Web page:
Sir Michael Sadler was Vice Chancellor at Leeds from 1911 to 1923, when he introduced a series of public events and debates on a wide variety of topics, many arts-related, in a desire to increase contact not only between researchers from different disciplines, but between the University and the wider community.
It was in this spirit that our Sadler Seminar series began in 2015. The aim of the series is to support colleagues wishing to pursue research questions that, to be answered well, require collaboration across disciplinary lines.
The Sadler Seminars run for a year with activities each semester including talks, performances, debates, outreach activities, and grant-writing workshops.
In the scheme's fifth year, we are delighted to support the following projects:
Understanding the role of locality on suicide risk
Series Conveners: Cathy Brennan (Medicine), Simon Popple (Media), Sarah Waters (LCS)
Suicide is in the top 10 causes of life years lost. We know that there are geographical and temporal variations in suicide rates that cannot readily be explained by individual risk factors alone and that major disruptive social factors, such as an economic downturn, do not have a uniform effect on suicide rates across localities. This series will seek to explore the interaction between an individual and their physical, cultural and social environment to understand how this may confer risk of suicide, or resilience to it. In particular, we aim to think creatively across disciplines to harness the expertise and knowledge of researching culture and context and explore how to incorporate this meaningfully into current formulations of suicidology.
Animist Engagements: Creativity, Ecology and Indigeneity
Series Conveners: Sam Durrant (English), Kimberly Campanello, Brendon Nicholls (English), Jason Allen-Paisant (LCS), Nicolas Salazar Sutil, (PCI), Will Rea (FAHACS)
Words Without Action Poison the Soul
Series Conveners: Camilo Tamayo Gomez (Law), Eva Frapiccini (FAHACS) Gigliola Sulis (LCS), Roberto Musotto (Law)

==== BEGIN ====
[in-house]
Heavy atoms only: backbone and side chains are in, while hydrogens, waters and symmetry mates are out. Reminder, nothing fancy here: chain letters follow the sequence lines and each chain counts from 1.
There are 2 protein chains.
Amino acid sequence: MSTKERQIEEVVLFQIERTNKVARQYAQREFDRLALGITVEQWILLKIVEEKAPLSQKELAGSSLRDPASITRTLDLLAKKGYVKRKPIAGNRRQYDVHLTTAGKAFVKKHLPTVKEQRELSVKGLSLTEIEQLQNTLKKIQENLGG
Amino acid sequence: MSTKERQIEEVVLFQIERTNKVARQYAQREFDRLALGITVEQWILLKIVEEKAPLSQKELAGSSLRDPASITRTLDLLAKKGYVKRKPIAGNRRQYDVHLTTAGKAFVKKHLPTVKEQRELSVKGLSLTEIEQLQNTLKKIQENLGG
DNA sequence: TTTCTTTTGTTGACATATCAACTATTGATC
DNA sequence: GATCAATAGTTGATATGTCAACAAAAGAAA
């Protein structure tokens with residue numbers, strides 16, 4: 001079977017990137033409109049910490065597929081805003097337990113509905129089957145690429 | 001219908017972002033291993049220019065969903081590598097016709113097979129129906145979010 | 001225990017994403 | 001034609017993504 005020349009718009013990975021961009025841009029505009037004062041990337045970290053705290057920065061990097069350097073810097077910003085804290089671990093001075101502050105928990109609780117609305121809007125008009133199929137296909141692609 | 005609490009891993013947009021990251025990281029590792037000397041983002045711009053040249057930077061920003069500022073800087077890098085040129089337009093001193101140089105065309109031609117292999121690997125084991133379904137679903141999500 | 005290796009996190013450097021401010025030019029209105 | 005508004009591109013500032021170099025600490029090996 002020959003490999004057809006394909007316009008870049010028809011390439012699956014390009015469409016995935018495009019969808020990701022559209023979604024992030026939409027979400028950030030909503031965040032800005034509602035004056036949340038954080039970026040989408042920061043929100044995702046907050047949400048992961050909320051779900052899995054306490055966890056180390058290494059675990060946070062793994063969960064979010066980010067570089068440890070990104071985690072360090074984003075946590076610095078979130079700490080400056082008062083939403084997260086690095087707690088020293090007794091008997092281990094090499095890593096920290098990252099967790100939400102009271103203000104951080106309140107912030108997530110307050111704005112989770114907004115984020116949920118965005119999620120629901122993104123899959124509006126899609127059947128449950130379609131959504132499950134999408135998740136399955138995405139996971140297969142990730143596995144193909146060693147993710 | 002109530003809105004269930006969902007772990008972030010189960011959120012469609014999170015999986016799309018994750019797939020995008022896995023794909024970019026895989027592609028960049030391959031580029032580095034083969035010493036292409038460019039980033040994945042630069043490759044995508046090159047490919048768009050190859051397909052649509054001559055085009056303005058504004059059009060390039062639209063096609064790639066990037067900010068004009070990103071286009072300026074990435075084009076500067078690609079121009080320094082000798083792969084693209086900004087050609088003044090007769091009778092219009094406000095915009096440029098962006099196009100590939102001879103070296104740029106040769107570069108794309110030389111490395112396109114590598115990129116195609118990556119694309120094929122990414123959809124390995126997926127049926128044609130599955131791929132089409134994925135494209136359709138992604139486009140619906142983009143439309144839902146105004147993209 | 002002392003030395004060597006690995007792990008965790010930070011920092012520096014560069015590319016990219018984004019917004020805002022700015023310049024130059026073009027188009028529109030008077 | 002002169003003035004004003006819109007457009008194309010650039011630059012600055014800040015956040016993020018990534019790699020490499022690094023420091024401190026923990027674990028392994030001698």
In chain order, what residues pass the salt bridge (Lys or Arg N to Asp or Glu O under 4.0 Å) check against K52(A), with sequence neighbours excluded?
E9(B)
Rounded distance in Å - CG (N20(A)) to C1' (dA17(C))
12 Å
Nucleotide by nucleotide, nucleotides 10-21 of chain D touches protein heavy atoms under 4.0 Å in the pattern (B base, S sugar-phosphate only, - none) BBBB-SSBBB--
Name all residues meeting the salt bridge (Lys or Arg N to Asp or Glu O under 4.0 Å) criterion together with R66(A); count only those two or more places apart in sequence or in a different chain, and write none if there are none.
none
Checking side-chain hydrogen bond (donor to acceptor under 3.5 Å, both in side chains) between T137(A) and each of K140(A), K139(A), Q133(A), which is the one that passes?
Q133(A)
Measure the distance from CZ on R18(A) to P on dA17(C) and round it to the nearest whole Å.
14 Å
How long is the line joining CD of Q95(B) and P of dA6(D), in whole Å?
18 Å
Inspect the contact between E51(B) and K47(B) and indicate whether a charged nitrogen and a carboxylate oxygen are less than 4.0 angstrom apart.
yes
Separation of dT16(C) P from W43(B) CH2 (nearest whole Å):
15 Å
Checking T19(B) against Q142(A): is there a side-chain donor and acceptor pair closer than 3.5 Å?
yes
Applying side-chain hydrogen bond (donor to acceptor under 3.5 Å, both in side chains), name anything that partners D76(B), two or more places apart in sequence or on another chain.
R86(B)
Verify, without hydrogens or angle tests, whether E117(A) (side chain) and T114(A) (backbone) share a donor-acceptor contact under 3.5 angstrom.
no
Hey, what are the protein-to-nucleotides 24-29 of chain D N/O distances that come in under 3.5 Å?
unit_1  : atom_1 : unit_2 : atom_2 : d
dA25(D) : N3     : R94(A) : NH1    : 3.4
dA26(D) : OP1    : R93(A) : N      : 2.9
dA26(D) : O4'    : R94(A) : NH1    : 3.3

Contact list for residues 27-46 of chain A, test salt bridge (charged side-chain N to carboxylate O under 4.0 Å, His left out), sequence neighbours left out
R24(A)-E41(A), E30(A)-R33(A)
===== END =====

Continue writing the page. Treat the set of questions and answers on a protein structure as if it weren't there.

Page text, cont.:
This seminar series will explore the relationship between Italian and Colombian Mafia from a cultural studies perspective. It aims to enhance awareness about the violence perpetuated by criminal organisations into the nineties in both societies. Through an exploration of the construction of collective memory and the reaction of new generations, the series will explore the role of literature and media in encouraging awareness and/or glamorising organised criminality. In addition to a series of seminars, this series will include an exhibition by Univeristy of Leeds researcher, Eva Frapiccini.
Series Conveners: Lou Harvey (Education), Alice O’Grady (PCI), James Simpson (School of Education)
This project aims to develop, pilot and research an innovative performance-based pedagogy for adult migrant language learners which will extend and enhance understanding of the relationship between their communicative practices and their lived experience. In partnership with theatre company A Quiet Word and St Vincent's Support Centre, Leeds, we will analyse how moving away from a sole focus on (English) language as the means of communication may a) enable alternative articulations of voice for AMLLs, and b) shed light on the relationship between how learners communicate and what they communicate.